GOP lawmaker who's now a Democrat: I no longer have 'that pit in my stomach'
When former Kansas City Republican Barbara Bollier endorsed a Democratic candidate, she was stripped of her committee leadership role. The Republican Kansas Senate President Susan Wagle said Boliler crossed the line. As it turned out, Wagler’s “line” became a good thing for Barbara Bollier, who is now the ranking Democrat on the health committee.
On Monday, Bollier told Audie Cornish of NPR’s All Things Considered that for the first time, she doesn’t feel that “pit” in her stomach and the anxiety that so often accompanied her disagreement of Republican policies. Some of those policies included the GOP’s stance on LGBT rights and Medicaid expansion. Bollier said she was done trying to direct her party back to a “traditional center.”
"I've spent nine years trying to do that and I failed, and I'm not alone. Many people have been trying to do that," Bollier says.
Former GOP lawmaker Stephanie Clayton also left the GOP after winning her fourth term in the Kansas legislature as a Republican. Clayton’s breaking point was learning about the GOP’s new school finance bill.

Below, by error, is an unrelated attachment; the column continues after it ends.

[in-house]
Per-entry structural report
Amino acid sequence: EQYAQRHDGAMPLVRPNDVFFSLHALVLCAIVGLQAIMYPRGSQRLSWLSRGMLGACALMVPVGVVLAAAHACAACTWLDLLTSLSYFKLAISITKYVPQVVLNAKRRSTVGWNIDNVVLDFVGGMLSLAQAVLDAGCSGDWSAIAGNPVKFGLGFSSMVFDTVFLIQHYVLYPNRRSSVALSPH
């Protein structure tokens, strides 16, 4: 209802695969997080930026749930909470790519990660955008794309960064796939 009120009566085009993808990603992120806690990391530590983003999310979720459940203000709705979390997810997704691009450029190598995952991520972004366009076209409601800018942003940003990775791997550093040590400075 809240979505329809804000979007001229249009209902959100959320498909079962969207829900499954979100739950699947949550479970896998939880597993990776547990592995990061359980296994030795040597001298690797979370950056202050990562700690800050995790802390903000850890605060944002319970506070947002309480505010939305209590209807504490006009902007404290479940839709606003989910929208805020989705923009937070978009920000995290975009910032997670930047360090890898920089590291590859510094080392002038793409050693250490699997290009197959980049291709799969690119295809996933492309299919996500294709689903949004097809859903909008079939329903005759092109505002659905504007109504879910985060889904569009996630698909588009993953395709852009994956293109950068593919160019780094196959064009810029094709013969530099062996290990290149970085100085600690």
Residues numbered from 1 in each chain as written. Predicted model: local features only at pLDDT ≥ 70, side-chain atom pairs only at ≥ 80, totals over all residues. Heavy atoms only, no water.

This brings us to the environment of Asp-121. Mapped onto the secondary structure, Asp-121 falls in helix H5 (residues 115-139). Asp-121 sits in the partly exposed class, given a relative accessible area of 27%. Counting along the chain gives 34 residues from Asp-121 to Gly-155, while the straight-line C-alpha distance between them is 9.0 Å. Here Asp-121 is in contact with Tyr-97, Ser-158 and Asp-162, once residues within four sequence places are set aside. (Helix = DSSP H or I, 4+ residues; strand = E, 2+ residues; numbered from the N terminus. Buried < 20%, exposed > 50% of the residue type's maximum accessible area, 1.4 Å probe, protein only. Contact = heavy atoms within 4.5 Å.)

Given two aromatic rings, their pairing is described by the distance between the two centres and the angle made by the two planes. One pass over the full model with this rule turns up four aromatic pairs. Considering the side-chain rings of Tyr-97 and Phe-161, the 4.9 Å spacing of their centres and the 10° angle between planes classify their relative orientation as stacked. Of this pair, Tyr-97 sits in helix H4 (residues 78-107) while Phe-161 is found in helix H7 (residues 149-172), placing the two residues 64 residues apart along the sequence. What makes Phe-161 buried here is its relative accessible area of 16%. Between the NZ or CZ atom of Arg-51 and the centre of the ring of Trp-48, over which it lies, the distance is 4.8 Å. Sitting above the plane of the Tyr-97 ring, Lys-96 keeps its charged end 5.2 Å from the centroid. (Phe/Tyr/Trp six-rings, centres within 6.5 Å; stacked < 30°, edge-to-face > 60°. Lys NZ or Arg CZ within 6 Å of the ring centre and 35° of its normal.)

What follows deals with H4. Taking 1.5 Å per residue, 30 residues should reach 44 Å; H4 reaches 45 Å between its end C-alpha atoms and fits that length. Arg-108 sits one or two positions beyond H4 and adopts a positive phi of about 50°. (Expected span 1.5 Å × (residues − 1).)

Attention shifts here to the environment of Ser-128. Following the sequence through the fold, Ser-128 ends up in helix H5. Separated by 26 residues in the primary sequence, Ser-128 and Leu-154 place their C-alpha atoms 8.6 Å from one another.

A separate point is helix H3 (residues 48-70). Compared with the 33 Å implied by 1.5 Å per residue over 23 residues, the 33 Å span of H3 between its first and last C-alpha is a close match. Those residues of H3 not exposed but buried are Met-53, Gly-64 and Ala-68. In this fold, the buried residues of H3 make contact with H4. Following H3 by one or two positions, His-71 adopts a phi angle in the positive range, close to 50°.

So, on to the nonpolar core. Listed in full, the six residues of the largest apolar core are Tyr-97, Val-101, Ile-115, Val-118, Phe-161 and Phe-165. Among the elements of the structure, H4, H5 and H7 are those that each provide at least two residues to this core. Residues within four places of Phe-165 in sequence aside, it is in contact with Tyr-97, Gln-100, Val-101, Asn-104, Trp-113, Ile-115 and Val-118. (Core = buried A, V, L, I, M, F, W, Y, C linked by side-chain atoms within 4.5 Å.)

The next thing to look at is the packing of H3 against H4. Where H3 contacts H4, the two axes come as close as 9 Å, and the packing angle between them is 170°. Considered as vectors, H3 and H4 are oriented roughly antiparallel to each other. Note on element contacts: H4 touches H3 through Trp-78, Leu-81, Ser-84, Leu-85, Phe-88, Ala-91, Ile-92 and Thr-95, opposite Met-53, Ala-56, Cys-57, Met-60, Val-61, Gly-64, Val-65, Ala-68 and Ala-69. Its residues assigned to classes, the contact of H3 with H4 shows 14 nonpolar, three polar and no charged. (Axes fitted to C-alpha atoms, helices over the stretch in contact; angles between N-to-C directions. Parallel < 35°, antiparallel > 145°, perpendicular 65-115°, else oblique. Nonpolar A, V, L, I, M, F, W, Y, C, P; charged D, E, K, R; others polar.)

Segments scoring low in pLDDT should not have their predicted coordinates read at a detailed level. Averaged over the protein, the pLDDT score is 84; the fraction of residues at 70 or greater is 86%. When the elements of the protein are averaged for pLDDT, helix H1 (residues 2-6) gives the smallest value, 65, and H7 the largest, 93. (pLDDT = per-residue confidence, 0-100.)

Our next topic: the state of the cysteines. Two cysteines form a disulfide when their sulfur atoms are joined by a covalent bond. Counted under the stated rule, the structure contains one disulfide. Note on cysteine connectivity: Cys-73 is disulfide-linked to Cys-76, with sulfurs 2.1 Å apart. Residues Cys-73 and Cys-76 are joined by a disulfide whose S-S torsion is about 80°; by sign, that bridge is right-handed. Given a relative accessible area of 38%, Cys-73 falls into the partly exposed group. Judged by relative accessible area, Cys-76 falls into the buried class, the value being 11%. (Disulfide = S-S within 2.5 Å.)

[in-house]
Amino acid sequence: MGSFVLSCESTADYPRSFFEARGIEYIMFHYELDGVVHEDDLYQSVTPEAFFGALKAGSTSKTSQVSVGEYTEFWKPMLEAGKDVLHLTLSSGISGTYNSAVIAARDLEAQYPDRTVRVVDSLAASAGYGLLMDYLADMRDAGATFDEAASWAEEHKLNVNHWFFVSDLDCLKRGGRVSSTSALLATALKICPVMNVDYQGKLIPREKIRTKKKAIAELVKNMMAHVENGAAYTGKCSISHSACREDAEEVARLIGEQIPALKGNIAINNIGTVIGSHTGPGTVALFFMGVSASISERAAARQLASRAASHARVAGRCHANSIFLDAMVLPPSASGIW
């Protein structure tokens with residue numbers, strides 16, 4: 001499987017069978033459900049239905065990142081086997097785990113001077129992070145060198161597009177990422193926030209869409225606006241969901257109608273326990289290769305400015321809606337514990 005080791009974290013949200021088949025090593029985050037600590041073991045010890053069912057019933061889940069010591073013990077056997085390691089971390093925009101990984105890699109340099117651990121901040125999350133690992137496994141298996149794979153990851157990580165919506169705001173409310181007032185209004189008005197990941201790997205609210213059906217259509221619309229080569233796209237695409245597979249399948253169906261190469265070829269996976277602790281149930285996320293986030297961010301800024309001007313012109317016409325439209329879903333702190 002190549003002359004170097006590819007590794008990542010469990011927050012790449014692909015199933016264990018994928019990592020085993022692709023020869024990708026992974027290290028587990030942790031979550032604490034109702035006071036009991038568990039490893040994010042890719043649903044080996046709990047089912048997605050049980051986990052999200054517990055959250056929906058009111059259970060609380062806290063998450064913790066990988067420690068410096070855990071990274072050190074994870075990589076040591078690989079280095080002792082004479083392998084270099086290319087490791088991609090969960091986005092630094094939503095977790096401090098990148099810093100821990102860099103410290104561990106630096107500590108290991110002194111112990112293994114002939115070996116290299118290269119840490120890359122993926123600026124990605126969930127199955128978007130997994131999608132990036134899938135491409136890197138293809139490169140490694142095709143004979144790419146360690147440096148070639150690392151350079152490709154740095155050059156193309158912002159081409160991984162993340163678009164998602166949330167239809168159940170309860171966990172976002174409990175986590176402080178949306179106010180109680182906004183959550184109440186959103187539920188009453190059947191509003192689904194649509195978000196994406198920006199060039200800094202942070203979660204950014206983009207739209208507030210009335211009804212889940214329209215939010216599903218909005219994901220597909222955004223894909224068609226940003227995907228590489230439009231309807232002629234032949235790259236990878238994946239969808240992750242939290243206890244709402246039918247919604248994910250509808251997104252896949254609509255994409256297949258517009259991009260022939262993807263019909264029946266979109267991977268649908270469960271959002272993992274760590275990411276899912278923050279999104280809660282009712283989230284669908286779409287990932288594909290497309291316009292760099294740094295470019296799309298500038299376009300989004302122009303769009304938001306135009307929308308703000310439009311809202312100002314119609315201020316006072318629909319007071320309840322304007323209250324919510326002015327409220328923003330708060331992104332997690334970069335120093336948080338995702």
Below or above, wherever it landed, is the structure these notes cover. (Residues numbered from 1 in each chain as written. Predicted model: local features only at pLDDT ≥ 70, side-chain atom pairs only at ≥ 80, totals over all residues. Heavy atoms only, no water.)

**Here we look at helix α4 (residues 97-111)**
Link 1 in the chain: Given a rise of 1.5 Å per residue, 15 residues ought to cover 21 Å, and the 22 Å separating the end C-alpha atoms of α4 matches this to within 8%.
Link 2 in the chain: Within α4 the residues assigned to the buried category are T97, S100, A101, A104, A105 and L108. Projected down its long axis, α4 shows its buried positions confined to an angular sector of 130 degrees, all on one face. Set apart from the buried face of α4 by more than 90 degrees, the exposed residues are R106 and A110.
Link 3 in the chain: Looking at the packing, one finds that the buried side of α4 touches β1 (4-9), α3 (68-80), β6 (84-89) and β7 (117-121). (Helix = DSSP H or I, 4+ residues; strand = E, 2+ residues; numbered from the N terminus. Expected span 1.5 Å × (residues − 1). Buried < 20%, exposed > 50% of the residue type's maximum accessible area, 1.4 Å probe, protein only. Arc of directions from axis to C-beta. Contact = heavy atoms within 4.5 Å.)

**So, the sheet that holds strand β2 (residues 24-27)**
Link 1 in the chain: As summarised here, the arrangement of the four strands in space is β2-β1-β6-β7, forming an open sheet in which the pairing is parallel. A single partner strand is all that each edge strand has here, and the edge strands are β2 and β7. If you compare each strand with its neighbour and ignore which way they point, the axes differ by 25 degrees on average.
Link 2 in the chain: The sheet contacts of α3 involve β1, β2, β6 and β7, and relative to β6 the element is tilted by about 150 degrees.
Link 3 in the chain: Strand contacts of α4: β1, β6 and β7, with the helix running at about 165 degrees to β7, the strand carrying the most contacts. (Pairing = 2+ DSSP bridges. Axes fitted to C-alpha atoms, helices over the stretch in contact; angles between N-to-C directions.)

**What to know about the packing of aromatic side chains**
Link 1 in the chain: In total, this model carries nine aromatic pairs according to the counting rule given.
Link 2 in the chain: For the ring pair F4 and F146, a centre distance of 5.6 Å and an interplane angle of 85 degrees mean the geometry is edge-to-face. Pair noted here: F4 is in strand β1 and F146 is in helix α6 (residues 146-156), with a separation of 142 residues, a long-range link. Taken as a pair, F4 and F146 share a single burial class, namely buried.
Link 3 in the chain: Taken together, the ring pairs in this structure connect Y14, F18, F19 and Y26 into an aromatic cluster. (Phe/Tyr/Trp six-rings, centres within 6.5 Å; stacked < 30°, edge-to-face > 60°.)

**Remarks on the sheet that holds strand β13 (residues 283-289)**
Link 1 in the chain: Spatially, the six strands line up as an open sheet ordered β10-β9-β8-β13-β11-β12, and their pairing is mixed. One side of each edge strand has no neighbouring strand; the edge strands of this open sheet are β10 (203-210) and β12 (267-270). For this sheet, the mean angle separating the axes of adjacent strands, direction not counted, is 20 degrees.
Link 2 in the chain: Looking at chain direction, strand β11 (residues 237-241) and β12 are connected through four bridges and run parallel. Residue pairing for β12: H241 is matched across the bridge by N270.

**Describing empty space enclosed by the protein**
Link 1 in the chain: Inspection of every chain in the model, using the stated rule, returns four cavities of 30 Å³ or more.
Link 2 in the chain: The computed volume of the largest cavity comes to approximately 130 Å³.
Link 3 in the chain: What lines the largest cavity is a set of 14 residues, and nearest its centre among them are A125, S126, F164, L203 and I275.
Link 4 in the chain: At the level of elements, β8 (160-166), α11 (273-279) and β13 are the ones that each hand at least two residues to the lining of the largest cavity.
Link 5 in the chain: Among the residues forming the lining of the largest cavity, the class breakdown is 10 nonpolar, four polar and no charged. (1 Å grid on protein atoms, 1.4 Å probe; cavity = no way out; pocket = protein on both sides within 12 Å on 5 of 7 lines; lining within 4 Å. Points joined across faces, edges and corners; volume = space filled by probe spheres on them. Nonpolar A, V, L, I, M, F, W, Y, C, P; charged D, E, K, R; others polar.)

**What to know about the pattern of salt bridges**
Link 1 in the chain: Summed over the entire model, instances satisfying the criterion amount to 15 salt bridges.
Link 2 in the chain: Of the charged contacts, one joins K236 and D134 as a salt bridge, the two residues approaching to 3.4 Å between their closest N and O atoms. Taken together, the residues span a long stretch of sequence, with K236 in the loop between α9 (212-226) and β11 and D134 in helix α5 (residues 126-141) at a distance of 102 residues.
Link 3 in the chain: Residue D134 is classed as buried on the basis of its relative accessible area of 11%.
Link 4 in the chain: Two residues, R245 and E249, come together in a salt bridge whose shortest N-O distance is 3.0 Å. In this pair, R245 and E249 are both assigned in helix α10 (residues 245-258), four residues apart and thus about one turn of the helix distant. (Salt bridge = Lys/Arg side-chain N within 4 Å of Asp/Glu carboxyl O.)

"I thought, 'I really can't do this anymore,' " she says. "By the 12th I was being asked to switch parties" and by the 19th, she had.
On the same day that Clayton made her official defection from the Republican party, Dinah Sykes did the same. Sykes had a had a big problem with the way Republicans punish their lawmakers who dared not to vote “lockstep and fall in line.” Back in December, Sykes told Salon:
“I am a moderate person who represents a moderate and pragmatic district that expects me to focus on issues and solutions that impact their day-to-day lives,” Sykes wrote. “Increasingly, I see the Republican party focusing on issues and approaches that divide our country. I do not agree with that approach.”
“At this time, I feel like I can either fight to change the Republican party or fight for the state I love and the people I serve. I think I can better serve my state and constituents as a member of the Democratic party,” she added.
Some might say, “What took them so long?” Others might say, “We’ll take ‘em—they’ve suffered long enough and paid the price of entry.”
So, welcome Dinah Sykes, Stephanie Clayton and Barbara Bollier. Welcome to the Blue Wave. Welcome to the Resistance. You’ve made it over to the right side of history.